We refine and extend Seetharaman (1994) using tax‐return‐level Statistics of Income data that represent the population of 1992 federal individual income tax returns. Our results indicate that while the standard deduction, exemptions and tax rate schedule continue to contribute the most to progressivity, the rate schedule plays a much greater role (and the standard deduction and exemptions a much lesser role) than previously reported. In addition, consistent with Dunbar (1996), we find that tax credits, in particular the earned income credit, have a substantial effect on overall tax progressivity. Although itemized deductions continue to reduce overall progressivity, with housing costs (mortgage interest and real estate taxes) and state and local income tax deductions being the dominant items, our results indicate that their effect on tax progressivity is smaller than indicated in the earlier study. Finally, we find that the effect of the income tax system on income inequality is more pronounced than previously reported, especially when the data are partitioned by filing status.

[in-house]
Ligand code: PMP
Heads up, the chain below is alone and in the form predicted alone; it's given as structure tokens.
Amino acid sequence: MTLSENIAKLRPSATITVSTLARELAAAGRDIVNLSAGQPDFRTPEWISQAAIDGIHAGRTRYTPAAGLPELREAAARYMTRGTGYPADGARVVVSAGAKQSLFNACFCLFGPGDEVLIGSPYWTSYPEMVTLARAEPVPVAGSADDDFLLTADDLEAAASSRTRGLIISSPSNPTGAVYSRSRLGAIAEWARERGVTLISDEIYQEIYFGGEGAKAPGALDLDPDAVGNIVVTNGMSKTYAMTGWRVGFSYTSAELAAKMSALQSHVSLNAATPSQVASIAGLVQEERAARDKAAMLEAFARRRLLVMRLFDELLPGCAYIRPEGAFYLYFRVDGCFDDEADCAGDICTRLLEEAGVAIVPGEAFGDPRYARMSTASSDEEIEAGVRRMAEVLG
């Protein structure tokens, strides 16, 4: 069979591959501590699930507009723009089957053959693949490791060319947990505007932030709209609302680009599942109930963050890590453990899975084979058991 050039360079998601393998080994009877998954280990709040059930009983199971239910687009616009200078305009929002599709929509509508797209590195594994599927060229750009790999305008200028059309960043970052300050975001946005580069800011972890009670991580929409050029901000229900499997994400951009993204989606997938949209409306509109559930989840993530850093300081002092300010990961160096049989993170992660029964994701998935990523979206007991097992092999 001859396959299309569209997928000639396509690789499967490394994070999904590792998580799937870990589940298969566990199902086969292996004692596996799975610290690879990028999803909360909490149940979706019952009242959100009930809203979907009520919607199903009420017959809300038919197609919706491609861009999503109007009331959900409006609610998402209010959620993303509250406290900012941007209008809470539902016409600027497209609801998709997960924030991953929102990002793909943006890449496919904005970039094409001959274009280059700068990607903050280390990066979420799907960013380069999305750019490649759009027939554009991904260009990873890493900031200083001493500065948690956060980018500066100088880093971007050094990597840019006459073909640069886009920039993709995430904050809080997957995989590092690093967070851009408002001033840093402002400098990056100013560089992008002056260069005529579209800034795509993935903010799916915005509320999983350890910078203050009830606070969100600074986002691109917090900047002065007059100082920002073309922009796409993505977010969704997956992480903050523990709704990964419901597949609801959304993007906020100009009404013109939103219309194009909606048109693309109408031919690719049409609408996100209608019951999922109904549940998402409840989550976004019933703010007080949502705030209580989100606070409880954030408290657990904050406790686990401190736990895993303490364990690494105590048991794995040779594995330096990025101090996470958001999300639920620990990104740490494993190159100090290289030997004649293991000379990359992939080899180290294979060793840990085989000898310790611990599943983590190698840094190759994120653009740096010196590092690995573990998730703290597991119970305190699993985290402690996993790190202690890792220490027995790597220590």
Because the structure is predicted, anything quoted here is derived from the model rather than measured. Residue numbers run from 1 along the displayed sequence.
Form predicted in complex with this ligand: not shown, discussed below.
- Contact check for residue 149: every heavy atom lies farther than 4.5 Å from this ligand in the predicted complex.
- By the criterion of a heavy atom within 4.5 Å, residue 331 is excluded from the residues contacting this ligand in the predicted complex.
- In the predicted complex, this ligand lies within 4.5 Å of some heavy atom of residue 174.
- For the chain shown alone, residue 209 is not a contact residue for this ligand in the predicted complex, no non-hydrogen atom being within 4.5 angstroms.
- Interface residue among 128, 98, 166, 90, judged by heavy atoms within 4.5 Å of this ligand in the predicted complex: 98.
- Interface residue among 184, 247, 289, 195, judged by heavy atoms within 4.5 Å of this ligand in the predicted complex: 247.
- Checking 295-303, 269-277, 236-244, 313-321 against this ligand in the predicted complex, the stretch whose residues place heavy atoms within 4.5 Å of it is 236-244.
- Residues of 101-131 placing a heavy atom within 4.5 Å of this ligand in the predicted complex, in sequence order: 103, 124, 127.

A Re‐Examination of the Effects of Personal Deductions, Tax Credits and the Tax Rate Schedule on Income Tax Progressivity and Income Inequality
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James C. Young, Sarah E. Nutter, Patrick J. Wilkie; A Re‐Examination of the Effects of Personal Deductions, Tax Credits and the Tax Rate Schedule on Income Tax Progressivity and Income Inequality. Journal of the American Taxation Association 1 March 1999; 21 (1): 32–44. doi: https://doi.org/10.2308/jata.19126.96.36.199
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